The CIA’s Plan B for Syria: Supporting Al Qaeda [“Moderate Terrorists”], Repeating the Mistake of Afghanistan

Why was the CIA’s Plan B leaked?

Talk of the validity of elections conducted by the Assad administration and prospects for a political process somehow left out the recently announced Plan B to be implemented if the political process reaches a deadlock. And how wrong that was.

Actually, American maneuvers around Plan A, i.e., a ceasefire and political solution, are becoming more obvious. Barack Obama is running out of time to declare himself a ‘peacemaker in Syria’. He needs a success before November and it doesn’t matter what  happens after that.

Plan B turned out to have nothing to do with a political solution, because it implies increasing money and arms to the ‘moderate opposition’ that is constantly transforming into ‘non-moderate’. With Plan B, Americans implicitly accept that their clients in Syria have extremely dubious political  ties.

Crucially, the key is delivery of portable air-defense systems (MANPADS) designed to defend the ‘moderate opposition’ from air strikes. American policy in the Middle East came full circle and returned to the same political ‘crossroads’ where, in 1986 by delivering MANPADS to Afghan ‘freedom fighters’, as Ronald Reagan called them, it gave the Afghan conflict a new dimension.

Note that the ‘Afghan International’ formed around American (and Chinese, by the way) arms deliveries, was the forebear of Al-Qaeda and the ‘spiritual grandfather’ of ISIS, the organization the US is now desperately fighting. Americans are right when they suggest that Al-Qaeda, among others, was created and supported by Saudi money. But they deliberately forget  that the ‘Afghan international’ was created by Americans.

American policy has returned to the same point, with almost the same allies, the same ideas and the same ignorance of consequences but with a new technological level that makes it extremely dangerous.

Most principal actors involved in the American political and propaganda process around Syria denied the existence of such plan, noting that, if there was any, MANPADS would be equipped with a ‘location-based system’ that would limit the area of their use. But this peculiar Plan B was denied in such a way that the unpleasant taste remained.  Everyone understood that there was a plan, but so far it appears too risky to announce it at a higher level than anonymous ‘CIA sources’.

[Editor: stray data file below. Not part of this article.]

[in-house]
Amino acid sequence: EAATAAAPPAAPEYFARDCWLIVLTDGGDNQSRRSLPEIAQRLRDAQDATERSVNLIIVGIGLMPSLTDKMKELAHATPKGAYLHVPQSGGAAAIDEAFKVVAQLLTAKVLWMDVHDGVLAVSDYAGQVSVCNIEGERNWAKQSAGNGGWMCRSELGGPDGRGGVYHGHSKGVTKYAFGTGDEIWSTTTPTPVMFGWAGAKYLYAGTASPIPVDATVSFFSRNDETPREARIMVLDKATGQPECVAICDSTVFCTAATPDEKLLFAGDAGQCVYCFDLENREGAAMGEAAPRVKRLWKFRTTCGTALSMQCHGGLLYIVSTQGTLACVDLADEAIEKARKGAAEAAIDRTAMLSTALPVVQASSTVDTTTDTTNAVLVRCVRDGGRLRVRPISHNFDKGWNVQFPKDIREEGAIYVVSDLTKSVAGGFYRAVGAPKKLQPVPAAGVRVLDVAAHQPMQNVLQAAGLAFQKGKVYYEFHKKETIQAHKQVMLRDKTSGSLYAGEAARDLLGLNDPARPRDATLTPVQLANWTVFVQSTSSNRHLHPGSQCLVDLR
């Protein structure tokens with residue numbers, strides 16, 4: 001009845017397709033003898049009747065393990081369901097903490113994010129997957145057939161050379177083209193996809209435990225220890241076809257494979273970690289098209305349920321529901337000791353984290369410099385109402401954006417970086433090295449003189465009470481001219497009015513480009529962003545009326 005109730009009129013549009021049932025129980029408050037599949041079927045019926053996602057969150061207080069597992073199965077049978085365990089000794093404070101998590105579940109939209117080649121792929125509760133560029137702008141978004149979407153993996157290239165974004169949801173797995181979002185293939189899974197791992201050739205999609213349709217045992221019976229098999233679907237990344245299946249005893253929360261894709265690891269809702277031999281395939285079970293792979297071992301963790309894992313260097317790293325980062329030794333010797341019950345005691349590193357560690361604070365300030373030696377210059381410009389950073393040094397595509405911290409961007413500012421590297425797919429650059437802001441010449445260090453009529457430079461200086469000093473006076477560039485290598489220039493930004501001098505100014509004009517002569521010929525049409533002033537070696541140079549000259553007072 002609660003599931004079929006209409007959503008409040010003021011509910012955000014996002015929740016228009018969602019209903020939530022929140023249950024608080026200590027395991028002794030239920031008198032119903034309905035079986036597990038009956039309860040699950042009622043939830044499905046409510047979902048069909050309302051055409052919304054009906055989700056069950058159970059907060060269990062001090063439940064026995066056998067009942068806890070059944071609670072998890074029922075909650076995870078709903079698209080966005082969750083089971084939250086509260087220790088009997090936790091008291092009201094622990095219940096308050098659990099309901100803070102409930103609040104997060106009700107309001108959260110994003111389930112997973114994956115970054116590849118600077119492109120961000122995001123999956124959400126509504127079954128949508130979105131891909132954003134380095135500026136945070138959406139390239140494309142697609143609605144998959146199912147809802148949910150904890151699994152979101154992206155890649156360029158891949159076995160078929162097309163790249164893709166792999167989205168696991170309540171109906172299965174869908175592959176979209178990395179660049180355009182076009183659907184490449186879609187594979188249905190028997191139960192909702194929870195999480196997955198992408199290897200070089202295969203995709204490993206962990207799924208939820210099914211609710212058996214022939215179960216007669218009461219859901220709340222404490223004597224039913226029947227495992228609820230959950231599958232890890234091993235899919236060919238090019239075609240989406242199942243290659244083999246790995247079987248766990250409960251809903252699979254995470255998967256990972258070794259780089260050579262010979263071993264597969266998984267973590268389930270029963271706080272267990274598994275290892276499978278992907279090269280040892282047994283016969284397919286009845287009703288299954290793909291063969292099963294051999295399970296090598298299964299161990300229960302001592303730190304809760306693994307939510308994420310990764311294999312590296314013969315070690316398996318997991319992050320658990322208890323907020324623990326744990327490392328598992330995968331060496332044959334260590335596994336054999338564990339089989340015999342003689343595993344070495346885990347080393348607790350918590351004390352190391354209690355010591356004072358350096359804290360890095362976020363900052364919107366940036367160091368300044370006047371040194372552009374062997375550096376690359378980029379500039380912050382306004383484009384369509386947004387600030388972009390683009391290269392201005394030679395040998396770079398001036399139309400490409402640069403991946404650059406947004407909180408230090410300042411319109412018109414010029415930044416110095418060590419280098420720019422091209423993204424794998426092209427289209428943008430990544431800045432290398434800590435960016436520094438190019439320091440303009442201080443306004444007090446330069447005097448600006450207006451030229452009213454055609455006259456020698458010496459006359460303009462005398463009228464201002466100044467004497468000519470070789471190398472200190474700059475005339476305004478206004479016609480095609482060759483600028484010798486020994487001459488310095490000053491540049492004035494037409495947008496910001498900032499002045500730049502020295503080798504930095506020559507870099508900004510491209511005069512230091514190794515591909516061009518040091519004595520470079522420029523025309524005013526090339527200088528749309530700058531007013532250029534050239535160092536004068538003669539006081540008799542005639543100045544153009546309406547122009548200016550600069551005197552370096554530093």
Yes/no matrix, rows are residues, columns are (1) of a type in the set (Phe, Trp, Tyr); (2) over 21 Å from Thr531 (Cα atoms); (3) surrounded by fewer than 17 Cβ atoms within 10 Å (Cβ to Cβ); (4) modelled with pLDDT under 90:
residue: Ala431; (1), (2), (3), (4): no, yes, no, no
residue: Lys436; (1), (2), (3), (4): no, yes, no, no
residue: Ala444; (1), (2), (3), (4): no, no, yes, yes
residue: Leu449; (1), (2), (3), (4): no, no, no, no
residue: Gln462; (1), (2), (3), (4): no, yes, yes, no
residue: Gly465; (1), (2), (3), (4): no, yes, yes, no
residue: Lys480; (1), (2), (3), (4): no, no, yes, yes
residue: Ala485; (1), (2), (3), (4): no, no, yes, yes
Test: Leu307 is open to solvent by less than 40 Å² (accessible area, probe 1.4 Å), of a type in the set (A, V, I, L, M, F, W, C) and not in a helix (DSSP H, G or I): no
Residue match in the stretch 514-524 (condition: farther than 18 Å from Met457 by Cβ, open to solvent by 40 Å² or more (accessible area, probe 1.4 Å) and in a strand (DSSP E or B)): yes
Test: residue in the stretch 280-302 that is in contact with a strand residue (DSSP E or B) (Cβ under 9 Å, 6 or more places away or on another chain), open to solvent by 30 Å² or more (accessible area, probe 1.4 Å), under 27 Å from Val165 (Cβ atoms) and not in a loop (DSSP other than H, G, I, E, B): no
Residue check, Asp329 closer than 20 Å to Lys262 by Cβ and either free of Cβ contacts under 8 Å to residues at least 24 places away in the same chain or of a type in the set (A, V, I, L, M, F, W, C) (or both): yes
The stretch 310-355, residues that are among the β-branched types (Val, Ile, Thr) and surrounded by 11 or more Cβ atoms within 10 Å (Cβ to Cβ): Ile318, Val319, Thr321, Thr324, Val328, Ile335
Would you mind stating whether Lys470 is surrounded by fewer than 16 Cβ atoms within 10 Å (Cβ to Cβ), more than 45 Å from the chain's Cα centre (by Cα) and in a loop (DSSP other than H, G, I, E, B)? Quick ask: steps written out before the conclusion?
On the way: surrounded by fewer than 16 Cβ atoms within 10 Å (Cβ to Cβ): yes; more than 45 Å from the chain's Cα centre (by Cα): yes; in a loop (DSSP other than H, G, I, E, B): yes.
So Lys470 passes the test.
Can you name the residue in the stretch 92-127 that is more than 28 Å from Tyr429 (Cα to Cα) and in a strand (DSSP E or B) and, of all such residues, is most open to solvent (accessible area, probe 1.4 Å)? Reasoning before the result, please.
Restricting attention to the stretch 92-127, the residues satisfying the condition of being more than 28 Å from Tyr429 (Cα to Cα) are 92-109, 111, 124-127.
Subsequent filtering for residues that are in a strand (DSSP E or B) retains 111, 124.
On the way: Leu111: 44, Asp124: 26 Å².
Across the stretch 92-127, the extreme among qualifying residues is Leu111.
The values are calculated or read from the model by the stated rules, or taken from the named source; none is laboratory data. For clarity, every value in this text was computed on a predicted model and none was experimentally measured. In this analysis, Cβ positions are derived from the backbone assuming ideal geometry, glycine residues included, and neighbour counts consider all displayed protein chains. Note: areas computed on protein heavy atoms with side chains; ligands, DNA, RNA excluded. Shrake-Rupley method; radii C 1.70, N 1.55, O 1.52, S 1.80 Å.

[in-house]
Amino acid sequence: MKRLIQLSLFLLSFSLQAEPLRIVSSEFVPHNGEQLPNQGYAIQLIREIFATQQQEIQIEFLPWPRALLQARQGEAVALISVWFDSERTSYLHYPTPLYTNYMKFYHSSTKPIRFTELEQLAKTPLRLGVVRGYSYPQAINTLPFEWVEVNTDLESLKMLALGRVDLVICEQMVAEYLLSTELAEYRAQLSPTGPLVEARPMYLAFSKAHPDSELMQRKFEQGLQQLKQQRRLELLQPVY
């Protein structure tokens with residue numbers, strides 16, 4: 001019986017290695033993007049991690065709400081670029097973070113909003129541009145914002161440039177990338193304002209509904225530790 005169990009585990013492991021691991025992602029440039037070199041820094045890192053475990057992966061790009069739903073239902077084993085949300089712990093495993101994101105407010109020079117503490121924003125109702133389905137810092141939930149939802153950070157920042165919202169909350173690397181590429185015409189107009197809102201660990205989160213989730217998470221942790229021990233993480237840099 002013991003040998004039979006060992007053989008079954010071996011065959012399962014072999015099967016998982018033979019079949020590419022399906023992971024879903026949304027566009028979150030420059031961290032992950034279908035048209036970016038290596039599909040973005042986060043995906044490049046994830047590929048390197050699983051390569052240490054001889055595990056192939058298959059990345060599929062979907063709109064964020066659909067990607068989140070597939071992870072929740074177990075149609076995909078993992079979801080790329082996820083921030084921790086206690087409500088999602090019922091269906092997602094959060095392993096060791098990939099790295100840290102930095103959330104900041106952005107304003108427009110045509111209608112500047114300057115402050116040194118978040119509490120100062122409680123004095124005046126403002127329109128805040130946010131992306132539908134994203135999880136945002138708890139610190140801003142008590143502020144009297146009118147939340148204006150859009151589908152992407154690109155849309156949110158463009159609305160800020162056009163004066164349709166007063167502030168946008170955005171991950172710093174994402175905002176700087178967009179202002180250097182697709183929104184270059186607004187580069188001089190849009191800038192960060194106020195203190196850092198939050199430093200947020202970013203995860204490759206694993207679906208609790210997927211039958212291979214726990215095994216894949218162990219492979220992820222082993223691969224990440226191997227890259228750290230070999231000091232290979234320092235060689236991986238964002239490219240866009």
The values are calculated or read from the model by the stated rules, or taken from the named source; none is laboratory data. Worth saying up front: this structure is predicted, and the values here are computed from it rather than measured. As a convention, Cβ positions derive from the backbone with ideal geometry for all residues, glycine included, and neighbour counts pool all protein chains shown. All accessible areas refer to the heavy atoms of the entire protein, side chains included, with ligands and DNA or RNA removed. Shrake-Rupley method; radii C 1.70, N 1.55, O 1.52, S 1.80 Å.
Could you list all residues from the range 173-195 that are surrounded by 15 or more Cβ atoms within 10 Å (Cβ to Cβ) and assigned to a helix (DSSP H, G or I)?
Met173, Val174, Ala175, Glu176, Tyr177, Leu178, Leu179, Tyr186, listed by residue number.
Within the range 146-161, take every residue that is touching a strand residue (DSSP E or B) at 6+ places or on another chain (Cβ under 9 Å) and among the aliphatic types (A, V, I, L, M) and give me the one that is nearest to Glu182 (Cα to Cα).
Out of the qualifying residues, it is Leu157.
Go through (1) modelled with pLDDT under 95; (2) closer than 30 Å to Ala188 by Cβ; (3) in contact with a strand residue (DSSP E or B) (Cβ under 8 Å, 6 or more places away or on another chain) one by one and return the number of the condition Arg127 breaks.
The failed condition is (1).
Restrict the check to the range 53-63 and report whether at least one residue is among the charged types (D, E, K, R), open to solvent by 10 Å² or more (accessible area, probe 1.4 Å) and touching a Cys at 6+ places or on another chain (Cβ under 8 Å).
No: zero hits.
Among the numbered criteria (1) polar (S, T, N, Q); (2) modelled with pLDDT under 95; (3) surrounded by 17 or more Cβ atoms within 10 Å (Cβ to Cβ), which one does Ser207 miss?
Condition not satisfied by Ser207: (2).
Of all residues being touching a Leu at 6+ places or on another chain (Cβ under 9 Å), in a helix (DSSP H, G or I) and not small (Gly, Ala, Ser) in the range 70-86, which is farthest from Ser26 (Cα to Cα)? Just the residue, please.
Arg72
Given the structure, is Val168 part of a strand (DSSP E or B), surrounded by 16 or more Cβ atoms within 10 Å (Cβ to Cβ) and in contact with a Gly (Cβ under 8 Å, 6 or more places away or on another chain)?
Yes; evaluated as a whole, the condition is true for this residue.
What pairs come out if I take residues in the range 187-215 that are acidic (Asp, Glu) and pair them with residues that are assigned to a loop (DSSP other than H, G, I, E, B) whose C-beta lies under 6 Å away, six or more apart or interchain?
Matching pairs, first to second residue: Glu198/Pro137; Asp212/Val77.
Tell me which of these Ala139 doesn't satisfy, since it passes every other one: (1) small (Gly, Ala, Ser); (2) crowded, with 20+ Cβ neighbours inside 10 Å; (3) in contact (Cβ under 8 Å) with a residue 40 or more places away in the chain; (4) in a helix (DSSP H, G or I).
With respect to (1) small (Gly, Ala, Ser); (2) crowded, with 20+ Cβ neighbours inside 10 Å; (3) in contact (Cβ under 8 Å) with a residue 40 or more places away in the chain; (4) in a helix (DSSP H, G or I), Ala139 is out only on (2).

The problem with Plan B is not that it will result in the destabilization of the entire Middle East. The mere fact that this information appeared, even as propaganda, to pressure Russia (or at least, Iran and Assad), shows the level of geopolitical irresponsibility that prevails today in Washington. Seeking revenge, the American administration crossed a propaganda red line, removing another restraint on the world information war, which it had hesitated to cross even during height of the conflict in Eastern Ukraine.

The question to what extent the US will cross the propaganda red line is still up in the air. But we must remember that irresponsibility is never ‘local’ – either it’s nowhere, or it’s everywhere. We cannot exclude that rumors about Plan B could become reality when serious people discuss the pluses and minuses of MANPADS and other arms.

It’s too bad that the USA never learns the lessons of history.

In the 1980s and 1990s, Stingers didn’t shoot American aircraft. The ‘American International’, nurtured by the US, attacked a little later, on September 11, 2001. But that was a significant shot, involving the US in a ‘vicious circle’ that has lasted for sixteen years and takes on new stature with every cycle. The Taliban are the natural children of American and Saudi policy toward the ‘Afghan International’, which now looks like boy scouts compared to ISIS. And we can only guess what monsters the infamous Plan B would generate.

The key point about Plan B is that American policy in Syria (and in the Middle East in general) is becoming more chaotic, more oriented toward rapid results and much more unscrupulous. It’s doubtful that Washington will find the strength to get out of the ‘vicious Middle East circle’ it created.

A ‘window of opportunity’ for Russian-American cooperation in the Syria-Iraq conflict is shutting down.


Articles by: Dmitry Evstafiev

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